As I mentioned above renewable energy technology definition is similar to Sci-fi/Fantasy's, its a collection of dozens of different groups that sometimes only have tangential connections. PV panels and a focused solar thermo-electric generators do the same thing, turn sunlight into electricity, but otherwise they're incredibly different technologies with very different limits, manufacturing, support structures, capabilities and so on. Tidal operates on similar principles to hydro, yet it's not ultimately powered by the sun like hydro is (sunlight drives the hydrosphere, whereas tidal is powered by the orbit of the moon). Biomass produces chemical energy, either as food, ethanol, bio-gas, bio-diesel, wood and so on, which is unusual among renewables who normally provide heat or mechanical energy.

So obviously in terms of capabilities and limitations, they aren't the same. The manufacture of PV panels is completely different to the manufacture of thermo-electric generators (one requires very advanced materials while the other only basic metals) which is again different to the manufacture of solar hot water, or solar furnaces. And so on, basically renewables don't share that many traits with each other, even the typical low EROEI isn't shared by all, hydro's is about 40, though the Wikipedia page says it's 100 in the US. Also important is how these attributes interact with society and the response this draws from society. Renewable energy technology is a collection of various disparate technologies (low to high tech) that uses energy flows that are continually replenished by nature, beyond that very few hard and fast rules apply to all renewable technologies (subsets will have hard and fast rules amongst themselves). Qualifiers are needed when talking about renewables as a whole.

The absolute that PV panels can't support a modern consumer lifestyle and produce the energy to make itself is accurate and useful partly because it has a qualifier. If the lifestyle its supporting is changed, say to only using 1/4 of its current energy use, then the analysis is different. At that level of energy consumption the PV panel could could support the lifestyle and power its manufacture, though social complexity may be to low to produce them. However an important point needs to be addressed, silicon is not the only material that PV panels can be built out of. Other alternatives exist, like organic solar cells and dye-sensitized solar cells, and there complexity limits could be very different once those technologies are developed.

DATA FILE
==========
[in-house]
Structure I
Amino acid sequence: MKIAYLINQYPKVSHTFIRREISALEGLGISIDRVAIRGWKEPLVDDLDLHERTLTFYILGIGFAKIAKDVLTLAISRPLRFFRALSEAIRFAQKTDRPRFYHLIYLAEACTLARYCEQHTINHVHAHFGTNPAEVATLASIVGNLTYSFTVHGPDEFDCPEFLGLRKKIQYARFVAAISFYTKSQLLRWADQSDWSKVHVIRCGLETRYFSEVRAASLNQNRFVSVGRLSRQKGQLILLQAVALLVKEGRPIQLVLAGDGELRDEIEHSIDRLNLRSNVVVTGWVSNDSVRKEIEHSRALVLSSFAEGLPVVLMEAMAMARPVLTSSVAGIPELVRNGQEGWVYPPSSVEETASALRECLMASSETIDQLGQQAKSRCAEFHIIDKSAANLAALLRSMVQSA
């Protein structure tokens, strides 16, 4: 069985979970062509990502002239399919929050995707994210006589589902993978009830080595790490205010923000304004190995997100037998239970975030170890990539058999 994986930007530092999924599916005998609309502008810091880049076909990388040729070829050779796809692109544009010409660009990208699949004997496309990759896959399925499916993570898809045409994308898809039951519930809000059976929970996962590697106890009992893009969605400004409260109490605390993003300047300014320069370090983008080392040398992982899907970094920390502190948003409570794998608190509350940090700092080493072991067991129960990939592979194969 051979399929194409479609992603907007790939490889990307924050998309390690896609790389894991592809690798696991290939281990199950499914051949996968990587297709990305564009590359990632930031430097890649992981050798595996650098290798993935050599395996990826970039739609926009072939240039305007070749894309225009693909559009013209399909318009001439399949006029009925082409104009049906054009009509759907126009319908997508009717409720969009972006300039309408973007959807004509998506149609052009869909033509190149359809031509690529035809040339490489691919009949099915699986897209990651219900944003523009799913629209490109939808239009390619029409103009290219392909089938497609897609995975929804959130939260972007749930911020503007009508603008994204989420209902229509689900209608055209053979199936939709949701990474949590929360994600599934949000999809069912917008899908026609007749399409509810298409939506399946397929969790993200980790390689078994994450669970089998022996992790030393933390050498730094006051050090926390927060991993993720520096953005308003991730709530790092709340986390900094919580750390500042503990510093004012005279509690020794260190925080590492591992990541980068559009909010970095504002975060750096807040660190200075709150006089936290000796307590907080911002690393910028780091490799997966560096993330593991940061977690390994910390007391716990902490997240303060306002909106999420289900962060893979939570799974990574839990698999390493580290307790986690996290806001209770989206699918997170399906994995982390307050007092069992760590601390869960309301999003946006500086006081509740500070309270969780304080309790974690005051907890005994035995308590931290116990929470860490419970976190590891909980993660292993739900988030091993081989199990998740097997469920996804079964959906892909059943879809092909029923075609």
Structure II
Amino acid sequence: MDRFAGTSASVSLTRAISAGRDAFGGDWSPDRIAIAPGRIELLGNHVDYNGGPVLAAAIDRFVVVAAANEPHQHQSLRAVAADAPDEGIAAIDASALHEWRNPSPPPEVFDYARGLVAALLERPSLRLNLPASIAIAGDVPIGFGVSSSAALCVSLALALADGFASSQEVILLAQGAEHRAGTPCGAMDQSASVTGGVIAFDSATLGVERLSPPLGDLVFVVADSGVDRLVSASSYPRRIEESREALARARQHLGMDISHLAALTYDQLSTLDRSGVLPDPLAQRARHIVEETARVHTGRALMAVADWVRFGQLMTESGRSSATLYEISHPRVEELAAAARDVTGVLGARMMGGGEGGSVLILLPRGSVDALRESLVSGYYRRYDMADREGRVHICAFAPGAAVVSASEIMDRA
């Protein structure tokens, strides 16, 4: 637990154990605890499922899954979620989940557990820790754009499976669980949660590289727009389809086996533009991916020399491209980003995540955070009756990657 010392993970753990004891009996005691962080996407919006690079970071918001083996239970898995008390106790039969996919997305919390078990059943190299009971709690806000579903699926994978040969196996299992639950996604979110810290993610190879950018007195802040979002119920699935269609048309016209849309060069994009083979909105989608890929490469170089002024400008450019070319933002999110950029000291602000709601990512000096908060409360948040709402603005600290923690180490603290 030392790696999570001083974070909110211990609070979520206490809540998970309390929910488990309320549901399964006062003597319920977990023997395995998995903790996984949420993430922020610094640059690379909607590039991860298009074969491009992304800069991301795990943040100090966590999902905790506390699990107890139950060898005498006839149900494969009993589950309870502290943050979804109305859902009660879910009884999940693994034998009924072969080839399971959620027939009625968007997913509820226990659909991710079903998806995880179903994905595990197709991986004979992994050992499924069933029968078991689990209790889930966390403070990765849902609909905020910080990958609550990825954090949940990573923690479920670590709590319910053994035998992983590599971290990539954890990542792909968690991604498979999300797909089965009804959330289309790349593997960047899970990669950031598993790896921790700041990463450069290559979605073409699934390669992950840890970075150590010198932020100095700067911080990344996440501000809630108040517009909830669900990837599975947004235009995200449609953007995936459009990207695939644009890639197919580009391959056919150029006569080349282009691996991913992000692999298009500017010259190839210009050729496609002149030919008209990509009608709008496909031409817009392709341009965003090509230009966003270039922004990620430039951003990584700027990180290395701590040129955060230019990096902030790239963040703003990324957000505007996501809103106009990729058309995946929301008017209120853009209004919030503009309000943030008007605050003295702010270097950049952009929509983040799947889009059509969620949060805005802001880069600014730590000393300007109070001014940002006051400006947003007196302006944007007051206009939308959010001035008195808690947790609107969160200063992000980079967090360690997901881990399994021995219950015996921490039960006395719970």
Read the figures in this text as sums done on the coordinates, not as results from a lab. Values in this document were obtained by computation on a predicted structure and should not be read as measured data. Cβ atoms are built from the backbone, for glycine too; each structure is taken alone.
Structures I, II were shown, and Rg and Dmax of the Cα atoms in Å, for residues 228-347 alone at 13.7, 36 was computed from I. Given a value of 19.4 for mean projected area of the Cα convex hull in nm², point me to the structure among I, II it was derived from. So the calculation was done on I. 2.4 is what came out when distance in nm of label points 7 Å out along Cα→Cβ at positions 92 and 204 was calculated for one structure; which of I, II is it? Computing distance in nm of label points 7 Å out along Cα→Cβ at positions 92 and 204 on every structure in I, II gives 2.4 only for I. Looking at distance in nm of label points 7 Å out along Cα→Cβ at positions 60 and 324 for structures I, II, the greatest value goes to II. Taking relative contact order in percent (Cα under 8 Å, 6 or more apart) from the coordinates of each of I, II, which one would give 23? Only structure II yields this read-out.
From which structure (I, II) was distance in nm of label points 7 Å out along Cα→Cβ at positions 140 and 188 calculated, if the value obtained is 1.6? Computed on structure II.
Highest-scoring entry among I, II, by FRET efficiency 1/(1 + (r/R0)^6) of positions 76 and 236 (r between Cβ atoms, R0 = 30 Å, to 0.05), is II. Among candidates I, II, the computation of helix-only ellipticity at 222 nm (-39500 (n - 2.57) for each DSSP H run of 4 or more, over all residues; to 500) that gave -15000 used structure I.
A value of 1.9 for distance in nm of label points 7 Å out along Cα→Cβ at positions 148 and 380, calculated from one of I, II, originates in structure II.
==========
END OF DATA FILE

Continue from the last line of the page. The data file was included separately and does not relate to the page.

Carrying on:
Weatherize before you solarize is the appropriate phrase, reduce energy consumption and renewables become far more viable and able to support themselves at a lower tech base than otherwise. One of the good points about the Zero Carbon plan is that it aims to reduce overall energy consumption by about 60%. Part of that reduction is exploiting the high efficiency of electricity in heating and transport, which is why the plan includes a 40% rise in electricity use. Various processes are very efficient when electricity is used, such as induction furnaces (compared to blast furnaces) or ground heat pumps for heating or cooling which are more efficient than other active heating/cooling systems (through passive housing is a better first option). 

So how well renewables work out depends largely on the context their used in, change the context (such as energy use) and how they work changes. Of course the current way we use renewables isn't viable and our societies will have to change because of that, however there is a specific way that happens. Human societies change over time in a process, not sudden leaps or drastic changes, the only times that happens is when some cataclysmic event happens, such as an eruption or 90% death toll due to diseases (Overshoot isn't cataclysmic and even the shortest timescales it will last decades). Some things change and events happen, then some more changes happen and eventually society has reinvented itself. Its a continuous process that when you glance over history looks to be stepwise, but when your living in it, it isn't stepwise but more often a continuous change. If we want to pass through Overshoot with the least amount of trauma and suffering, this needs to be taken account of and used. Demonizing steps in this process just because they aren't the final product is both stupid and in the long run counter-productive.